[15] Even concluding that a convicted prisoner has a constitutional right to be free from wanton and obdurate misconduct of corrections officials that proximately causes the prisoner's death, we must determine if this right was "clearly established" at the time of the alleged misconduct and if a reasonable corrections official would have known of it. Harlow, 457 U.S. at 818. Defendants ask us to rule that there was no clearly established law on this point at the time of prisoner's death in September 1985 and that, therefore, they could not be liable for constitutional violations for gross negligence or recklessness. Defendants, however, overlook the fact that under Eighth Amendment standards, which were clearly established, prison officials are not immune from suit for the wanton and unnecessary infliction of pain. Estelle v. Gamble, 429 U.S. 97, 103, 50 L. Ed. 2d 251, 97 S. Ct. 285 (1976). At this point we cannot say that the circumstances surrounding Harris' stabbing and strangulation death did not fall within the realm of violations of the cruel and unusual punishment clause as defined under the line of then existing Eighth Amendment cases.*fn4 And the prohibition against the wanton and unnecessary infliction of pain should just as well protect against a painful death as against a painful injury short of death. The pleadings and affidavits, taken as a whole, fairly raise the possibility of a violation of a clearly established right under the Eighth Amendment.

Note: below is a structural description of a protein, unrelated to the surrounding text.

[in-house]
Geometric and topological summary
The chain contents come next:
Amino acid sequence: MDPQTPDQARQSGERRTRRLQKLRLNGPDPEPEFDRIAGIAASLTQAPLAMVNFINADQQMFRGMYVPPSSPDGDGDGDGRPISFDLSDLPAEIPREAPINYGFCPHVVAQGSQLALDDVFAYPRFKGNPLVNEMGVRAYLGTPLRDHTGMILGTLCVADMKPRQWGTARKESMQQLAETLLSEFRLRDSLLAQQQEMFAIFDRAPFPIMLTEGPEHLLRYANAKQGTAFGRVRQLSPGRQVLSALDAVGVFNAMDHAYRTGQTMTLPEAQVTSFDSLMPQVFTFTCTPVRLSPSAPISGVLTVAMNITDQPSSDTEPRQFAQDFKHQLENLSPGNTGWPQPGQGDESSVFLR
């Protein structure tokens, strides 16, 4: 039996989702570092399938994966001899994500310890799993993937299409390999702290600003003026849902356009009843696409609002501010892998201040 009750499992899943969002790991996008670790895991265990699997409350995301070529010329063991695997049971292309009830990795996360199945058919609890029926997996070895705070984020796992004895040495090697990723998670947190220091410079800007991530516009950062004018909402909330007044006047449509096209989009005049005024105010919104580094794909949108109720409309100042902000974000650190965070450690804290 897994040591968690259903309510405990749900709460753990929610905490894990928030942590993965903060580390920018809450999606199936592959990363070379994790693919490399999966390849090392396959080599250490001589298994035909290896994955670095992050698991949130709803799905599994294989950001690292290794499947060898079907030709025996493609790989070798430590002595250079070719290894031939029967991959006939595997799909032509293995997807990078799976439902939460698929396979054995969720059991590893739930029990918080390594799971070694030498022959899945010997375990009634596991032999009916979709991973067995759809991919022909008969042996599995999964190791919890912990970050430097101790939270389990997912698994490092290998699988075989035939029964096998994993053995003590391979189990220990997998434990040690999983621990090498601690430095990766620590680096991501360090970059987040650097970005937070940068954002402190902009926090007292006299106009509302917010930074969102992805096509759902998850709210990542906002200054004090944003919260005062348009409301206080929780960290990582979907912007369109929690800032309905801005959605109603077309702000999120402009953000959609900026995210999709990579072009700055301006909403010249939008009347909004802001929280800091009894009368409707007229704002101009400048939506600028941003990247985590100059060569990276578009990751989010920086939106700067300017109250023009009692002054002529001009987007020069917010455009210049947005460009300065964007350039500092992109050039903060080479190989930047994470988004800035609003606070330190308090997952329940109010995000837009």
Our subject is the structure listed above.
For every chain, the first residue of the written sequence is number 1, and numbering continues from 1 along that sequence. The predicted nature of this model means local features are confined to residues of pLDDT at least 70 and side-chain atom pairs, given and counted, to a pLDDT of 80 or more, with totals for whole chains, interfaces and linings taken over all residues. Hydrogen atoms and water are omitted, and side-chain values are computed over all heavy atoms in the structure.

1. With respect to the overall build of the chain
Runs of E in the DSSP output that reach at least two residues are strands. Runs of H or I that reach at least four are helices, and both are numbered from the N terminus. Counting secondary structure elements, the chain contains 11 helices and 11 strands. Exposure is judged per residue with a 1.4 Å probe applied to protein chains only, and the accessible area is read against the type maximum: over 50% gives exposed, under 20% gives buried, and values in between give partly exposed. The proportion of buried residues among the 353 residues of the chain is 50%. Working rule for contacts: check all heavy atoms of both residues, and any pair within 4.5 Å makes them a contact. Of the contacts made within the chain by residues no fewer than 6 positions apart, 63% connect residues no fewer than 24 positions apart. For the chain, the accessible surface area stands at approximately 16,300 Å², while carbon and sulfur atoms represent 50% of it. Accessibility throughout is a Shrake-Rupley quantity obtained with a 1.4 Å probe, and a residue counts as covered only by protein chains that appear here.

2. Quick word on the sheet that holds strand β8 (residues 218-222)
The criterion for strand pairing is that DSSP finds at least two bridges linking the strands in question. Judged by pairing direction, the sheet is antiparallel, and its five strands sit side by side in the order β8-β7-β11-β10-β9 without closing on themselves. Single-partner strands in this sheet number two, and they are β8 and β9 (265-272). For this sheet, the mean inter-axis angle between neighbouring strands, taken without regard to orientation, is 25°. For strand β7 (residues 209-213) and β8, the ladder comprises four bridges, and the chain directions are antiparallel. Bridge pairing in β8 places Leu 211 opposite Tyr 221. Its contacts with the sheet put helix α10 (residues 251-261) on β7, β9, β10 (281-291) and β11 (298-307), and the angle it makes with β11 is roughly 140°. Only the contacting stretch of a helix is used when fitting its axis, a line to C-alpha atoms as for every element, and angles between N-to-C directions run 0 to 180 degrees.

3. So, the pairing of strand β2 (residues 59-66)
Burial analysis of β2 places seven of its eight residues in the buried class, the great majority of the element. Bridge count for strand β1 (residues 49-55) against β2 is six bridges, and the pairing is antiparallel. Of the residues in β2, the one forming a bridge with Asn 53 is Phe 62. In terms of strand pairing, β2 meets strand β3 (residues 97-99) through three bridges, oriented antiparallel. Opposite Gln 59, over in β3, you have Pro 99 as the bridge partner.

[16] The defendants also urge that there is no showing of any personal misconduct by them and that without personal participation or an affirmative showing of a link between the alleged constitutional deprivation and their conduct they cannot be liable for constitutional violations, even if they exist. They also contend that the evidence, viewed in the light most favorable to the plaintiffs, is not sufficient to survive the preponderance of the evidence standard that would be used at trial. See Anderson v. Liberty Lobby, 477 U.S. 242, 106 S. Ct. 2505, 91 L. Ed. 2d 202 (1986). At this stage of the proceedings, in reviewing the denial of a motion for summary judgment, we view the pleadings and supporting affidavits in the light most favorable to the nonmoving party. When so viewed, the record to date shows that (1) the deceased plaintiff's mother made a number of phone calls to the offices of Prison Director Gary Maynard and Corrections Department Director Larry Meachum, informing those offices of her son's need for protection from other inmates; (2) the mother spoke on the phone with Associate Corrections Department Director John Grider, conveying the same information; (3) a "separtee order" had been issued, ordering the separation of Harris from fellow inmate Stout; (4) the order was not enforced when Stout was placed six cells away from Harris in the same maximum security "quad unit" at the prison, (5) Harris' death by stabbing and strangulation occurred approximately six weeks after Stout's transfer; (6) Harris' mother has been denied access to Harris' personal effects, including threatening letters from Stout, evidence of her son's payment of "protection" money to other inmates, and her letters regarding efforts to secure protective custody for her son.